Did You Know…
This Week in Sapulpa History – First Court House is Torn Down
Rachel Whitney, Curator, Sapulpa Historical Museum
This week in Sapulpa history, on August 28, 1935, a “landmark building of the early era here” was torn down: the Lucile Opera House.
From Peter Egan’s Sapulpa, OK: Greatest City in the Known World, vol 1, in 1902, Congress passed a bill designating Sapulpa as one of six federal court towns of the Western Judicial District of Indian Territory (I.T.).
The district marshal came to Sapulpa and could not find a building available for use as a courthouse. The citizens were told they must provide a building if a court was wanted.
Accordingly, local Sapulpa enthusiasts raised and offered a bonus $1,000 to anyone willing to build the courthouse*.
*Note: in 1902, $1,000 then is roughly $35,000 with today’s inflation.
The pair Joseph O. Hereford, who was a horse and mule dealer, and John F. Egan, who worked in real estate, teamed up to build a two-story brick building to become the courthouse. The construction began in October 1902 and was completed in September 1903. It stood tall among the residences along Mounds St and Dewey Ave*.
*Note: the address was 121-23 W Dewey, which is the northeast corner of Mounds and Dewey. This location is roughly where McAlister’s Auto Detailing is today. John F. Egan is the grandfather to Peter Egan.
The lower floor was to be used as the courthouse, while the upper floor was for a theatre, and a jail was constructed at the rear of the building. The upper floor was to be named the Lucile Opera House. It would be used as an entertainment center for the townsfolk. The opera house was named so due to that both Hereford and Egan had daughters named Lucile.
The town was named a court town was very important to the growth of the town. In addition, the courthouse construction would also further aid the establishment of the county seat in favor of Sapulpa. Sapulpa became the center for the legal profession in the area. Until this was built, people had to travel to either Muskogee or even Ft. Smith for their legal matters.
One of the first published articles about the courthouse of Sapulpa was about one the known vices of town: liquor*. In October 1904, Deputy Thompson brought a Mr. Roberts in and charged him for bootlegging. And Deputy Teel “made a lucky haul at the depot when the Oklahoma express [train] came in; two jugs of whisky and one case of beer were captured and carried to the courthouse to be smashed.”
*Note: other vices included liquor, gambling, and prostitution.
One of the earliest published weddings occurred in the courthouse a few months later. In December 1904, Seth Grubbs and Lizzie Hubbard, both from Mounds, were married with Commissioner Jennings officiating.
While the courthouse was not in session, entertainment echoed the halls of the building. John Westfall, manager of the Lucile Opera House, “booked seventeen performances of leading shows.” The first season at the Opera House kept people coming in every week.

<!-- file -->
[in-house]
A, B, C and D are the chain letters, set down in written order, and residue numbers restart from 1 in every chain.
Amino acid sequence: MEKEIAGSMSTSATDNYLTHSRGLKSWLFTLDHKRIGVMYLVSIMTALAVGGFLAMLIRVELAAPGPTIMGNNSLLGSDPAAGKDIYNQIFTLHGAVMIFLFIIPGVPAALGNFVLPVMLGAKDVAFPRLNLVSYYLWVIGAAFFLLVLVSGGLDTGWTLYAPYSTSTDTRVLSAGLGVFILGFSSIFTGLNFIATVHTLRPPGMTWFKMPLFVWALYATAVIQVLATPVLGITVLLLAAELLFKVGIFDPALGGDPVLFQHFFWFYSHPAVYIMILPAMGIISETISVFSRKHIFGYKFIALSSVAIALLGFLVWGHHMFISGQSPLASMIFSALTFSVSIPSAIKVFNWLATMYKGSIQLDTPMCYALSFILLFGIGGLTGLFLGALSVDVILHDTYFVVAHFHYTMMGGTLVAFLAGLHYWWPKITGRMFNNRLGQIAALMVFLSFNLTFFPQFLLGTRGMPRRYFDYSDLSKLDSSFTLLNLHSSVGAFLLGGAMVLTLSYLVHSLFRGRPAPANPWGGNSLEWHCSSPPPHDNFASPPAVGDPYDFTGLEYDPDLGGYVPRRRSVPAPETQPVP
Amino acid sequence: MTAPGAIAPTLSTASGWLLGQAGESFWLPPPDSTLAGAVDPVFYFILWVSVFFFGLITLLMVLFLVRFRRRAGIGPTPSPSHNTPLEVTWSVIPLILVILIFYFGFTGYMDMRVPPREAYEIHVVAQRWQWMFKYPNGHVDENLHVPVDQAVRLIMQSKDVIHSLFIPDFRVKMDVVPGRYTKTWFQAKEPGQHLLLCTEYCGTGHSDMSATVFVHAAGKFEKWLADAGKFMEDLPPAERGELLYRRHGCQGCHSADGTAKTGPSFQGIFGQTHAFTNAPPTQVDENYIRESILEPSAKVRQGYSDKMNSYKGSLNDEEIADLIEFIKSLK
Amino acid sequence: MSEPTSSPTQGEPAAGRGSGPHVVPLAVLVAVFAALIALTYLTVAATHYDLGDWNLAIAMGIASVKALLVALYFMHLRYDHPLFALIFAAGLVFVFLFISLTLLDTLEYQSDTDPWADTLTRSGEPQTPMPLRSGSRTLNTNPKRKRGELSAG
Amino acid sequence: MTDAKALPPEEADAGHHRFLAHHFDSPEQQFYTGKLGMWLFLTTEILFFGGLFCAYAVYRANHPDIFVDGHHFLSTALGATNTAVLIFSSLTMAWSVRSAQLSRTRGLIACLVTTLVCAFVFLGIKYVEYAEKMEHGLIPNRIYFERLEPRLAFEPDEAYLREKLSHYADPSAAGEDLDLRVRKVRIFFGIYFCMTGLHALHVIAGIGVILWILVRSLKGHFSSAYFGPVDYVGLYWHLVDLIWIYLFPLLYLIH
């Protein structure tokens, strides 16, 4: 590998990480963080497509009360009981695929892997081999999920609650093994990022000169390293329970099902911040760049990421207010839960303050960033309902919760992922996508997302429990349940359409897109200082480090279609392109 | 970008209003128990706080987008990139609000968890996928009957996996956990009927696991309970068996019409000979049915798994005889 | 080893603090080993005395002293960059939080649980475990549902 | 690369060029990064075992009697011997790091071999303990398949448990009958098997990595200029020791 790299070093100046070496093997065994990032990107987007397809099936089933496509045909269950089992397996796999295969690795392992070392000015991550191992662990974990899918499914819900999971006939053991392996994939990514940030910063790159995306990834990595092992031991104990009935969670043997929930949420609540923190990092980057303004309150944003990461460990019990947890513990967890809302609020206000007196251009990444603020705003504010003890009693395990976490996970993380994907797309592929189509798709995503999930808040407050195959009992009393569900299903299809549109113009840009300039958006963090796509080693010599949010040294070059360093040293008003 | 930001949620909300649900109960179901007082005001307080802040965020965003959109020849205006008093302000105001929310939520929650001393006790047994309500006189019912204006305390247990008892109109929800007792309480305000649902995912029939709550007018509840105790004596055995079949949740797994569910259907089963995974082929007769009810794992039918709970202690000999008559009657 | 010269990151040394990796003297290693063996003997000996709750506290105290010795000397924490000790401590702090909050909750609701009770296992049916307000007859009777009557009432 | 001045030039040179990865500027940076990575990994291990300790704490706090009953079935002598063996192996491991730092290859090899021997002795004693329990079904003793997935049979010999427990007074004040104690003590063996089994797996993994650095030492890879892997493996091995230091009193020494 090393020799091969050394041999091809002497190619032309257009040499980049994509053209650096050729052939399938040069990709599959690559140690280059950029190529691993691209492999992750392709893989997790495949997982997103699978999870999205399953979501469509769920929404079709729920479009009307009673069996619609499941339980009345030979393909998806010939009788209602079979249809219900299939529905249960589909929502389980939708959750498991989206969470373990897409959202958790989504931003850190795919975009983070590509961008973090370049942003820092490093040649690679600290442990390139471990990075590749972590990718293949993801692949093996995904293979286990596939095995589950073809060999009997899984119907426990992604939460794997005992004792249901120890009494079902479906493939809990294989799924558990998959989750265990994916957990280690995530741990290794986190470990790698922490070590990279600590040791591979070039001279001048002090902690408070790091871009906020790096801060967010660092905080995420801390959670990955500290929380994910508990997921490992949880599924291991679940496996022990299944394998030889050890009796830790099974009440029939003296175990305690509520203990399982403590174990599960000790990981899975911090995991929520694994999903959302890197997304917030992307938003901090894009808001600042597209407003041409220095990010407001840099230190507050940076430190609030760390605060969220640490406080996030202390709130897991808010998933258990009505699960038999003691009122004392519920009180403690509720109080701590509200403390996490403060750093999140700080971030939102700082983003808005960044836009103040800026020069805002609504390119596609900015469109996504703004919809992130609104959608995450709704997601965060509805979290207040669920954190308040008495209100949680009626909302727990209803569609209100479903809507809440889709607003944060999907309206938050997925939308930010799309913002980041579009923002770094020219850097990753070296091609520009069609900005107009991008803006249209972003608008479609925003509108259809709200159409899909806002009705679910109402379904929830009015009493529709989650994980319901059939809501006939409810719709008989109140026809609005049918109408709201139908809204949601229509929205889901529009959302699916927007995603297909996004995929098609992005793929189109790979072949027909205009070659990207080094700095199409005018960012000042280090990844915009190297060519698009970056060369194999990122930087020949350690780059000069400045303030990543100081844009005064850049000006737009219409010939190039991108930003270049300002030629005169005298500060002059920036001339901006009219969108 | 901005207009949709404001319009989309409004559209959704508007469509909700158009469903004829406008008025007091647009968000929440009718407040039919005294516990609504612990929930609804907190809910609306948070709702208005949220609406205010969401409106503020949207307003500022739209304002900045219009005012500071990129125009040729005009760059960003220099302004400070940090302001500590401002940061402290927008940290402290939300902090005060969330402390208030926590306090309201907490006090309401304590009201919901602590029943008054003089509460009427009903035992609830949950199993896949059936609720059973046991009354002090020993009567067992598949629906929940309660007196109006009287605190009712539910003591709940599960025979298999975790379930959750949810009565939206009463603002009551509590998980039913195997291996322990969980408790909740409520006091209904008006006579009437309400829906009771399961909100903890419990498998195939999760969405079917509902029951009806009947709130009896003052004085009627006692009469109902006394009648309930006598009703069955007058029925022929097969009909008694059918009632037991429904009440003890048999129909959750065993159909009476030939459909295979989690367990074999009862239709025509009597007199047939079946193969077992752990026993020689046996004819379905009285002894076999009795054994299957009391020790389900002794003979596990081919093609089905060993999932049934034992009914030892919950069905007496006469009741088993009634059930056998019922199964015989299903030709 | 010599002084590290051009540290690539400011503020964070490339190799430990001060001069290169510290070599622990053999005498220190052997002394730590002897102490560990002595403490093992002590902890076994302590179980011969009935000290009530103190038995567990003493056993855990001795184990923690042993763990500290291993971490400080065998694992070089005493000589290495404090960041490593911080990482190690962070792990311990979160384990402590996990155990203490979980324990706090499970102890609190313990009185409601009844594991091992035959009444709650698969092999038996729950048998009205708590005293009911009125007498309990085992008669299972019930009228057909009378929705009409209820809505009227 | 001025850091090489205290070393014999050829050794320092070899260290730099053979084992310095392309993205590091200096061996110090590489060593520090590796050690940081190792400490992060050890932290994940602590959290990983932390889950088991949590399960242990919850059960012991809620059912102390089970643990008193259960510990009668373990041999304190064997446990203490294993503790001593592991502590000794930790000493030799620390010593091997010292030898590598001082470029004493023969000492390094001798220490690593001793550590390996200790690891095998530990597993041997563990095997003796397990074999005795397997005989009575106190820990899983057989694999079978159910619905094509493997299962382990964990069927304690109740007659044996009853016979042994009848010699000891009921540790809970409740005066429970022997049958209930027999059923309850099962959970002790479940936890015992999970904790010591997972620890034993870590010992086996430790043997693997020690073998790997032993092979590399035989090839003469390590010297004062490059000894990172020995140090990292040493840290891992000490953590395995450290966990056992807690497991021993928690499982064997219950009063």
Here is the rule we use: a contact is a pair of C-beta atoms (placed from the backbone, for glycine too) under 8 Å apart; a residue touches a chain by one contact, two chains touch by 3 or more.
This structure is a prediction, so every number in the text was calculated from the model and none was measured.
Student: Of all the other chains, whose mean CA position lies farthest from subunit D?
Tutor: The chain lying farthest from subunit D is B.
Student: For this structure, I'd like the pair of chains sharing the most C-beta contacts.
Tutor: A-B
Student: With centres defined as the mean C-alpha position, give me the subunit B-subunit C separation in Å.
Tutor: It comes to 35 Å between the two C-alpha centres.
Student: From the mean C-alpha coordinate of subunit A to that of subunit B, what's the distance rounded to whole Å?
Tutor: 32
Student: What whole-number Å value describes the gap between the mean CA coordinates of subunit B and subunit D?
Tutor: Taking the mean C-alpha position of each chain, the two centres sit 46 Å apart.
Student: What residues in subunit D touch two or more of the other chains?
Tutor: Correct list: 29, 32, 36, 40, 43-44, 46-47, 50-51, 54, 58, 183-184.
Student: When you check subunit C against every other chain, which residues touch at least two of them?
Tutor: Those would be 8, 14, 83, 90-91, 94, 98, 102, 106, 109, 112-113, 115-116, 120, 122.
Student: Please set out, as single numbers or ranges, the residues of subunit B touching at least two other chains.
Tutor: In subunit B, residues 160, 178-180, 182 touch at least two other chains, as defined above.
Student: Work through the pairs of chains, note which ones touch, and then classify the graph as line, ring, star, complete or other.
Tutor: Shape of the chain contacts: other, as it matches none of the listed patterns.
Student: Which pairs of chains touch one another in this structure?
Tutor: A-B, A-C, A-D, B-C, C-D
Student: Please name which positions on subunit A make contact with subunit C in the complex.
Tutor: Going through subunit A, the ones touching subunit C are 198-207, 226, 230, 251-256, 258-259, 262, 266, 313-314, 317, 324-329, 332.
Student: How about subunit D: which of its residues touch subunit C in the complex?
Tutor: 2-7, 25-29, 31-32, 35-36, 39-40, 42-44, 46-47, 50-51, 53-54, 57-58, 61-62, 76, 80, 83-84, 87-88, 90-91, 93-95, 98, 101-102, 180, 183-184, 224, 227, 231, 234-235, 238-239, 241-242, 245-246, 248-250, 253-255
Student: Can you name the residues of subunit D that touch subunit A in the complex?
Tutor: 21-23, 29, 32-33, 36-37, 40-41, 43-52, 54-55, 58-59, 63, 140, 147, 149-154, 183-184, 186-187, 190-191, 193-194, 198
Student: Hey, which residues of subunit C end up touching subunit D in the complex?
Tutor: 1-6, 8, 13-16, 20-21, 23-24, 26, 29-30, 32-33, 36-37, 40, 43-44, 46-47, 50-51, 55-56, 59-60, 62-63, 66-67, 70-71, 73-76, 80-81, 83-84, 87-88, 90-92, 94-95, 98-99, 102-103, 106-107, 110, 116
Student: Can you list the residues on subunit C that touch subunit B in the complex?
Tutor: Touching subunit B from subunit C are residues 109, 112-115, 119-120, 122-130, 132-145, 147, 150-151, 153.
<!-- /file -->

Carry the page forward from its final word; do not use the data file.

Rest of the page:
The shows were guaranteed for fun. “Fun from beginning to end. If not satisfied, stop at the door and get your money back.” The costs of .25, .35, and, .50 cents on opening nights for the shows is all it cost you.
The following year, the Chamber of Commerce and the “sidewalk committee” reported that new sidewalks from Main and Dewey to the Courthouse were installed in March 1905.
The next year of May 1906, a ball given at Lucile Opera House for the purpose of “swelling the road improvement fund was a success in every particular.” Ticket sales and refreshment booths receipts were turned over to the cause. “The music was furnished by a home orchestra consisting of S. Moulder, Fred Morgan, H. Harrison, L. Moulder, and A. Phillips.”
In July 1906, the Lucile Opera House began a new endeavor. The organization had purchased fifty new pairs of skates. It hired a Mr. Spencer and Downing, local roller skate experts, to teach the art of skating. Skating would be available every night, with Tuesday nights free.
Entertainment was on an all-time high.
When Oklahoma became a state, November 16, 1907, the county took over the building, and the Opera House ceased to function. During the period of its use, the newly named Hereford building was rented by the government.
In 1911, the county offices were moved to the fifth floor of the Berryhill building, with district court being held in one of the Burnett buildings on N Main St.
Where the present day county courthouse stands, this location was once the Dewey College. After the six-year struggle between Bristow and Sapulpa of who was going to be county seat, finally in 1913, Sapulpa would be able to build another courthouse. The county offices gathered and moved into it shortly after its completion*.
*Note: present courthouse built in 1914 by Manhattan Construction Co. on a bid of $133,000, which would be just under $4 million today.
When the Hereford building ceased to be used as a courthouse, it was changed into an apartment house. About 32 years after it was built, Sapulpa’s first courthouse was in the process of being razed.
“Razing of the Hereford building marks the passing of another structure that played a vital part in the early history of Sapulpa and its citizenry. Its destruction today ends another historical structure of early Sapulpa.”
The information found on this page has been researched through Sapulpa (and area) newspapers, Sapulpa Historical Society archives, books, and photographs, Sapulpa yearbooks, city directories, and other local authors. Any other sources will be labeled and named as the research continues. Any mistakes will be noted and adjusted as needed.